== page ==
Lately it has also been observed that when we are bidding for large projects we come across many consultants. The purchasing cycle in India is becoming more and more a professional. It is heartening to see that some of the Indian technical consultants we have interacted are absolutely world-class. They are executing projects around the world and not only in India. These are the people who have expertise in various fields like mechanical electrical, civil, etc. This makes sure that customers get the most suitable solution.
What sort of knowledge sharing programme you have with your target customers?
We have a forum called ElectroMech Knowledge Forum where we have technology sharing seminars in all metro and mini-metro cities. It’s the first one of such initiatives in India. These sessions share a lot of technical data on MH solutions to improve their practice. These forums are meant for technical consultants and EPC contractors.
What makes ElectroMech stand out from its competitors?
It is the quality in providing a product as a solution. It starts with our sales force. Each and every sales person employed at Electromech is a qualified mechanical engineer and goes through very intensive training on all design parameters of the crane. Being a solution sales person you should know the importance of every technical parameter of the product. We are the only MHE-making company that runs on SAP ERP system. We are also an ISO 9000 certified company. These both are integrated to deliver unmatched quality. We have an excellent quality team headed by an ex-ISO quality auditor. We follow all safety and mandatory inspection norms in our plant. Owing to our large product range we regularly come across all the leading inspection agencies like BVI, Germanisher Llyods, ABS etc.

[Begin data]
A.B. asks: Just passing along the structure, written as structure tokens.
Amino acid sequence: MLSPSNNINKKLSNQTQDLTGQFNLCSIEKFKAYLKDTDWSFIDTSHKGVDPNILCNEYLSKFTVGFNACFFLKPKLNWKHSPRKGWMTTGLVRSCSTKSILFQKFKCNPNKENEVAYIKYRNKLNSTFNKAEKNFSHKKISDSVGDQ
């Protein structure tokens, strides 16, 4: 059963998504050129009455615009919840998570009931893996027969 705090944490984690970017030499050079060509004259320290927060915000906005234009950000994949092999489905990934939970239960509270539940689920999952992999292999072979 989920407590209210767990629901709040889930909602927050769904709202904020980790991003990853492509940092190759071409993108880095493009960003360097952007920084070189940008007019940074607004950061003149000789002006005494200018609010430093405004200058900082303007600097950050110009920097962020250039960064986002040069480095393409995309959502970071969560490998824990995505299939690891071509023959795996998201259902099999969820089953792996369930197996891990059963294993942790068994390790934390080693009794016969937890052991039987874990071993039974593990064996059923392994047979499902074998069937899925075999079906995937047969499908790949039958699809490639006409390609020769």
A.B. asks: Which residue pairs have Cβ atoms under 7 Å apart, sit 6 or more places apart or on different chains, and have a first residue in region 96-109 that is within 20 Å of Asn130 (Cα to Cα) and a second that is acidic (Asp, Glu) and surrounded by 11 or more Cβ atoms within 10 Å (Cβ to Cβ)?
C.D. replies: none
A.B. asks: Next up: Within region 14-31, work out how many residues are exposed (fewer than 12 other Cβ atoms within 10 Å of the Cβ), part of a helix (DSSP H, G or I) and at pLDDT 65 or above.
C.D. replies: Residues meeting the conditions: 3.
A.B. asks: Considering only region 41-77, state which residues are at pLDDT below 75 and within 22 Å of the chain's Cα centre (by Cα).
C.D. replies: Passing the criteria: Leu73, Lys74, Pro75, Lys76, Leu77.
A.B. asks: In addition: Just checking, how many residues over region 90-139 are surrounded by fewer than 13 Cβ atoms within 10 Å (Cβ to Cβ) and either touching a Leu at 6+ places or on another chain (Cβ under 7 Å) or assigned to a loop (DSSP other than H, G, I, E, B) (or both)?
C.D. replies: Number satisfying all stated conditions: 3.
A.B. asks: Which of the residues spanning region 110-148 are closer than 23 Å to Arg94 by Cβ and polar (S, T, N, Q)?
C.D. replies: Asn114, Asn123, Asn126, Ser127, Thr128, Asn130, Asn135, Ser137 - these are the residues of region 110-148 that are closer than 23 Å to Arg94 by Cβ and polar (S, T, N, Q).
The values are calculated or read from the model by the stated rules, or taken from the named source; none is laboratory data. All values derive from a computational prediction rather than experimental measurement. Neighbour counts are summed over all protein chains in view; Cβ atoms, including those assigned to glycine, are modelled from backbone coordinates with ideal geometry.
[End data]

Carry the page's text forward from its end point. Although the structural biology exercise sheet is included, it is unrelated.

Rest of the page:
How do you entertain customers’ feedback on new products?
The best example is our latest development — Remote Monitoring System. Most of the crane suppliers sell cranes and finish it there. An average crane buyer in India gives crane maintenance very little importance. So these cranes break down at one point or another. We had many maintenance personals coming up to us and requesting us to provide a solution where the crane can have 100% uptime and minimum maintenance. That’s when we realized to offer them a solution that will enable our clients to keep a track of their cranes wherever they while sitting at their works stations.
We use GPRS technology for this. Sensors located in cranes will collect data and through a black box the data will be transmitted to the server at Pune, and from there the same will go to concerned recipients. In a scenario where in there is some kind of behavior in the crane other than the ordinary an alarm is triggered and the maintenance person can get this alarm on his mobile/email. Hence the maintenance person can attend to the abnormal behavior of the crane and ensure there is now un planned brake down. This system has been developed completely from various customer feedback.
What is your sales plan in the context of the Indian market?
The Indian market potential is very huge, and we are trying to get maximum penetration. We are planning to sell 800-plus units this year. I believe that this is just a small piece of a very large market which is untapped.
One of our plans is to create better visibility for our cranes. Secondly, create more proximity to our clients by opening offices in major industrial locations. Thirdly, increase the qualified and trained sales force to maximize market penetration. The market slowdown is not an excuse to sell less, but work hard to overcome the obstacle. .
What useful advice can you offer to your customers?
When a customer buys a crane he should not look at it in isolation. A smart customer would always look at his final project cost and not at a single item cost. So it is very important to select the right crane which not only gives you reliability but also ensures that you save on your building cost. Also it is also very important that a customer takes into account the running cost and the effect of brake down costs when he buys a capital equipment like a crane.
For the customer, crane itself is a solution